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Founded in 2012 by a free, global, not-for-profit organization, ORCID (Open Researcher and Contributor Identifier) or ORCID iD is a unique 16-digit number that connects researchers with their scholarly output and grants.
ORCID is an interoperable, persistent digital identifier that distinguishes you from every other researcher.
ORCID is self-curated, hence you are in control of what is viewable on your account.
ORCID iDs are collected and used internationally by many institutions including publishers, repositories, professional associations, universities, funders, and research organizations.
You can register for a free iD at ORCID in three easy steps:
Enter your personal data (name and email),
Create a password,
Control your visibility settings (public, shared with trusted parties, or private).
You need to verify your primary email address to access all of ORCID's editing features.
Once you sign up, you will be assigned a unique ORCID iD number.
You can manually add any information to your ORCID profile like your name variants and a small biography.
You can manually populate the following sections on your profile page: Employment, Education and qualifications (see screenshot below), Invited positions and distinctions, Membership and service, and Funding.
There are numerous ways of populating the work section on your ORCID profile. Go to Works section and click on '+ Add'.
You can add your publications by searching & linking (e.g. to CrossRef or Scopus); by adding DOI or PubMed ID; by adding BibTex; or manually.
1st method: Search & Link
The recommended way to add "traditional" research outputs such as peer-reviewed journal articles to your record is via 'Search & link', as this tool directly connects to some organizations and databases and ensures accuracy of record data.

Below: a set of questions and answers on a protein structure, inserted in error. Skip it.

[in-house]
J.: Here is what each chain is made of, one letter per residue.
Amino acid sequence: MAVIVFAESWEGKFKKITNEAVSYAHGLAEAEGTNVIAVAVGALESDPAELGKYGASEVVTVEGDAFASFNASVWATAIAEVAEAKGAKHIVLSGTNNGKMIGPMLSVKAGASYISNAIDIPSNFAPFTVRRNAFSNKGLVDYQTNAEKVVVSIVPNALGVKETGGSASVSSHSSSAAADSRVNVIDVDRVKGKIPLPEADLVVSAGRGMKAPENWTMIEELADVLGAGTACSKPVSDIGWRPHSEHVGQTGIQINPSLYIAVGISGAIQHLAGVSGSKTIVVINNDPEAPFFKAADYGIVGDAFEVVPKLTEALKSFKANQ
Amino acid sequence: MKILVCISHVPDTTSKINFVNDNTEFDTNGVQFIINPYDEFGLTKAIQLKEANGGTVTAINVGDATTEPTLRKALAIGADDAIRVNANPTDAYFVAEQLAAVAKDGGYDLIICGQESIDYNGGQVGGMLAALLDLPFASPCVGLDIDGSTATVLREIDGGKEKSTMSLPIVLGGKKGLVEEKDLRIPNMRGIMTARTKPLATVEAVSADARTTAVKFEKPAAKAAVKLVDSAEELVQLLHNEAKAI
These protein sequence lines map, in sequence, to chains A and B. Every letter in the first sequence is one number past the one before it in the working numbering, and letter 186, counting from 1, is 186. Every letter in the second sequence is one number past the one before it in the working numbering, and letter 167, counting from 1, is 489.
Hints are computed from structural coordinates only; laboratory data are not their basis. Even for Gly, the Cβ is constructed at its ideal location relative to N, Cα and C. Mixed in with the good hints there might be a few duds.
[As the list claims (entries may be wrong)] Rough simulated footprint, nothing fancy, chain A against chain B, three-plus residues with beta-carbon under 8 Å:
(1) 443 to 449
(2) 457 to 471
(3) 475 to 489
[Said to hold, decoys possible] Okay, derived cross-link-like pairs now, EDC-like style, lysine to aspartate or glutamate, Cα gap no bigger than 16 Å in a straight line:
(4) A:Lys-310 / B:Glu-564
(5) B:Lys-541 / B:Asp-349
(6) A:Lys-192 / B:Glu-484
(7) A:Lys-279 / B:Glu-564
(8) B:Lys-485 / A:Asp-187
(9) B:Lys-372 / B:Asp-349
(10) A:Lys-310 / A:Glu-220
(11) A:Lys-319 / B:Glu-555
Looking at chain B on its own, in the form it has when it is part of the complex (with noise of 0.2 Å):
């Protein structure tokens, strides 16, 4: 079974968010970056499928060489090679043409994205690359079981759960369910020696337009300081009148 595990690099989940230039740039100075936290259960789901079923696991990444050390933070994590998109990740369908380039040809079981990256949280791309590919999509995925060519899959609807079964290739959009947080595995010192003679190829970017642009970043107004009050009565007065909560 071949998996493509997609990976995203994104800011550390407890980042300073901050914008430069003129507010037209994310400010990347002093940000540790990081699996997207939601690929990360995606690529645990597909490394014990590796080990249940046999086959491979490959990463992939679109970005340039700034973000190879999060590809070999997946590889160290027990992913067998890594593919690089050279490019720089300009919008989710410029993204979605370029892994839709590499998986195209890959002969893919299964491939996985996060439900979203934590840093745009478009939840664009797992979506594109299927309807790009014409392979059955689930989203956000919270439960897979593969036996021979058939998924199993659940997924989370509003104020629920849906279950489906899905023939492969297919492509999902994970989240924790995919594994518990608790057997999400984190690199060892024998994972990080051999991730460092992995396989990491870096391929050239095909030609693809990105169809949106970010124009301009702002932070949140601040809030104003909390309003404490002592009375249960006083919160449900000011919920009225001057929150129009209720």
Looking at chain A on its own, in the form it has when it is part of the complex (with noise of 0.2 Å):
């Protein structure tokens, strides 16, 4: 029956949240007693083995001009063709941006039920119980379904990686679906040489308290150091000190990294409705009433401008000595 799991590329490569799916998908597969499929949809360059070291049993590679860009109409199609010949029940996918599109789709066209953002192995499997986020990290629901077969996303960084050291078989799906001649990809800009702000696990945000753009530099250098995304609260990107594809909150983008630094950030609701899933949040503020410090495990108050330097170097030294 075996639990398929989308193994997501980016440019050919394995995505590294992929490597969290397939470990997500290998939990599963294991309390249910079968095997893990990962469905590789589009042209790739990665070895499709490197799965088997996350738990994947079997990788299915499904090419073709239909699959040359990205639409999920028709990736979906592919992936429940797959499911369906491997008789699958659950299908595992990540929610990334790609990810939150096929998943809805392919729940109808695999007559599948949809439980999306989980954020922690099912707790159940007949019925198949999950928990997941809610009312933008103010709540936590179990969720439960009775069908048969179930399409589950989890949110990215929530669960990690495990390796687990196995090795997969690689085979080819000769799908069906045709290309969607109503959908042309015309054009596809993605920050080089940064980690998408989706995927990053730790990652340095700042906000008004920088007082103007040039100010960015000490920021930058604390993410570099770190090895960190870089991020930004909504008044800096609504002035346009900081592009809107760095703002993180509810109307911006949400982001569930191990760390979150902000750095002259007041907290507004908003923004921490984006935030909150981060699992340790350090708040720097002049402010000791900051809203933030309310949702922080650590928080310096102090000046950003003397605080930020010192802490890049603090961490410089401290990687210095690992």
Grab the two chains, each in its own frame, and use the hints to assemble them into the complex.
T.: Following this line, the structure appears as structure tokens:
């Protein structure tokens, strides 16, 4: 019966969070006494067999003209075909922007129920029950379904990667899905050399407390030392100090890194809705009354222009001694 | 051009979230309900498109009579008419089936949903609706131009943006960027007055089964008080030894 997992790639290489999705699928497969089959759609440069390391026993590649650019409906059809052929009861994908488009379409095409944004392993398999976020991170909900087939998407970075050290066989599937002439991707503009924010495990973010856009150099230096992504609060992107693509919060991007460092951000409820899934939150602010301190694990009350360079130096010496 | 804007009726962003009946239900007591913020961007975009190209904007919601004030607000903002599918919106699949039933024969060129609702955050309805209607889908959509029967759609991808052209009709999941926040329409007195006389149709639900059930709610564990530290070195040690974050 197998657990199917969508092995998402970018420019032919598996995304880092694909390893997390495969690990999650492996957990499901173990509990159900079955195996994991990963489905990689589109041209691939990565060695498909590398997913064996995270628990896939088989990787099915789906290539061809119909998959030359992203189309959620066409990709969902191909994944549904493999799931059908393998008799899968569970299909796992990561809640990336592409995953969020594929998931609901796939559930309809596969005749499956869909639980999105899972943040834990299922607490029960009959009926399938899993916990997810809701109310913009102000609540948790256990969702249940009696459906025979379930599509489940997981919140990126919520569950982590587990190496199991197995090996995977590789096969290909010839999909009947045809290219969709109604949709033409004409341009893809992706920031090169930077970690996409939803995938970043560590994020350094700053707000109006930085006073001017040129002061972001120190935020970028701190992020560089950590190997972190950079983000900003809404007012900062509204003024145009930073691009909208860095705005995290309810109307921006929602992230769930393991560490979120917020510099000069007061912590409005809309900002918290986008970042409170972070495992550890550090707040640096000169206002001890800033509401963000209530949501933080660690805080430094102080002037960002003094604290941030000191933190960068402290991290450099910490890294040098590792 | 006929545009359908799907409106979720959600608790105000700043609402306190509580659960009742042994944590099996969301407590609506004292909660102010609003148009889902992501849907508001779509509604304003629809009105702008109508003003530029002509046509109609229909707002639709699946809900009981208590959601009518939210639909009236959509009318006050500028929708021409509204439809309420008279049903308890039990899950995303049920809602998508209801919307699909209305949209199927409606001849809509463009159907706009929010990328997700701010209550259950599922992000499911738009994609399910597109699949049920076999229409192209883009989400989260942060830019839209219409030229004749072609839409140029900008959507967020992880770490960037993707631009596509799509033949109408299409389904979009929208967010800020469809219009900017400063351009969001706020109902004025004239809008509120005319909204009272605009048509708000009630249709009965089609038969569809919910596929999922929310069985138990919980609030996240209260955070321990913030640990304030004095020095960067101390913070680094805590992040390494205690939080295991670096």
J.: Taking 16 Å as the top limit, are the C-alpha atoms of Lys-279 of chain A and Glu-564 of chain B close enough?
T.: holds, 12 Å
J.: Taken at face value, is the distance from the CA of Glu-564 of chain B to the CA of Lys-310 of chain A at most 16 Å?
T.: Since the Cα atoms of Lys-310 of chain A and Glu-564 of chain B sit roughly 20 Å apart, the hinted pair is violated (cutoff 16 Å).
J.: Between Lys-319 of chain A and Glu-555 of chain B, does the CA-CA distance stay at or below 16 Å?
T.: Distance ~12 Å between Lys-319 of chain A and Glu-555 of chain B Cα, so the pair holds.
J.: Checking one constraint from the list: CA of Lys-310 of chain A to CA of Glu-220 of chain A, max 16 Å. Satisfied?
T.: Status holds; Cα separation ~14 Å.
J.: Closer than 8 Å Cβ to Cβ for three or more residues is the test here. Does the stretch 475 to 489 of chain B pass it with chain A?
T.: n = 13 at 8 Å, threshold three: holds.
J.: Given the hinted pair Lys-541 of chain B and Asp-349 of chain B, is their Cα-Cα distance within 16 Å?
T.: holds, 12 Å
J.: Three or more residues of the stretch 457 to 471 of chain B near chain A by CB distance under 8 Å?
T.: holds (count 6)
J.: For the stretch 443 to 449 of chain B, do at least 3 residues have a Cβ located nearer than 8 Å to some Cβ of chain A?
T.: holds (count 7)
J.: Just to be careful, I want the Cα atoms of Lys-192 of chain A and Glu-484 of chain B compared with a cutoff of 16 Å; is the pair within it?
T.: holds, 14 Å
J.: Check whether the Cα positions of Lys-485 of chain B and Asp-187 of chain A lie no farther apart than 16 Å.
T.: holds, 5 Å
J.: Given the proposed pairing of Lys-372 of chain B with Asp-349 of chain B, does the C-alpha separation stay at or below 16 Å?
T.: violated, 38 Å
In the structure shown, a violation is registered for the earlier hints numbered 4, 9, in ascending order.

Select ‘Search & link’ to bring up a list of author ID sources.
Next, scroll through the list and select an organization/database you wish to connect to e.g. Scopus - Elsevier.
Select 'Authorize' and choose your profile - follow the steps to identify relevant publications to connect your ORCID with Scopus (see the video below).
For databases or platforms that don't have a direct connection with ORCID (e.g. LibrarySearch, Google Scholar or EndNote), you can import citations in the form of BibTeX (.bib) files - more detail can be found on the ORCID website.
Note: It's recommended that the Search & link import function is used wherever possible, as there have been some inconsistencies when trying to import BibTeX (.bib) files.
To import a BibTeX file (.bib):
Select Add BibTeX to import a list of publications using a BibTeX file (.bib).
Next, select Choose BibTeX file to import and then select the BibTeX (.bib) file you want to import.
You will see any publications in a list. Select save (click the disk icon) next to the desired publication to add the work individually, or choose the Save all button to add all of the publications at once.
The publications will then appear listed under the Works section of your record, and you will be listed as the source.
3rd method: Add manually
This method is suitable for adding research outputs not listed in the main databases connected to ORCID.
To add manually:
Complete all required fields. This includes Select a work category, Work type, and Title.
Apart from the work category and title of the work, it is highly recommended to also complete the work identifiers, e.g. DOI for journal articles, or ISBN for books. If an identifier is not available, fill in a URL.
A quick method for adding the citation can be to copy and paste from a CV or list of your works.
After completing the form, click Save changes to submit.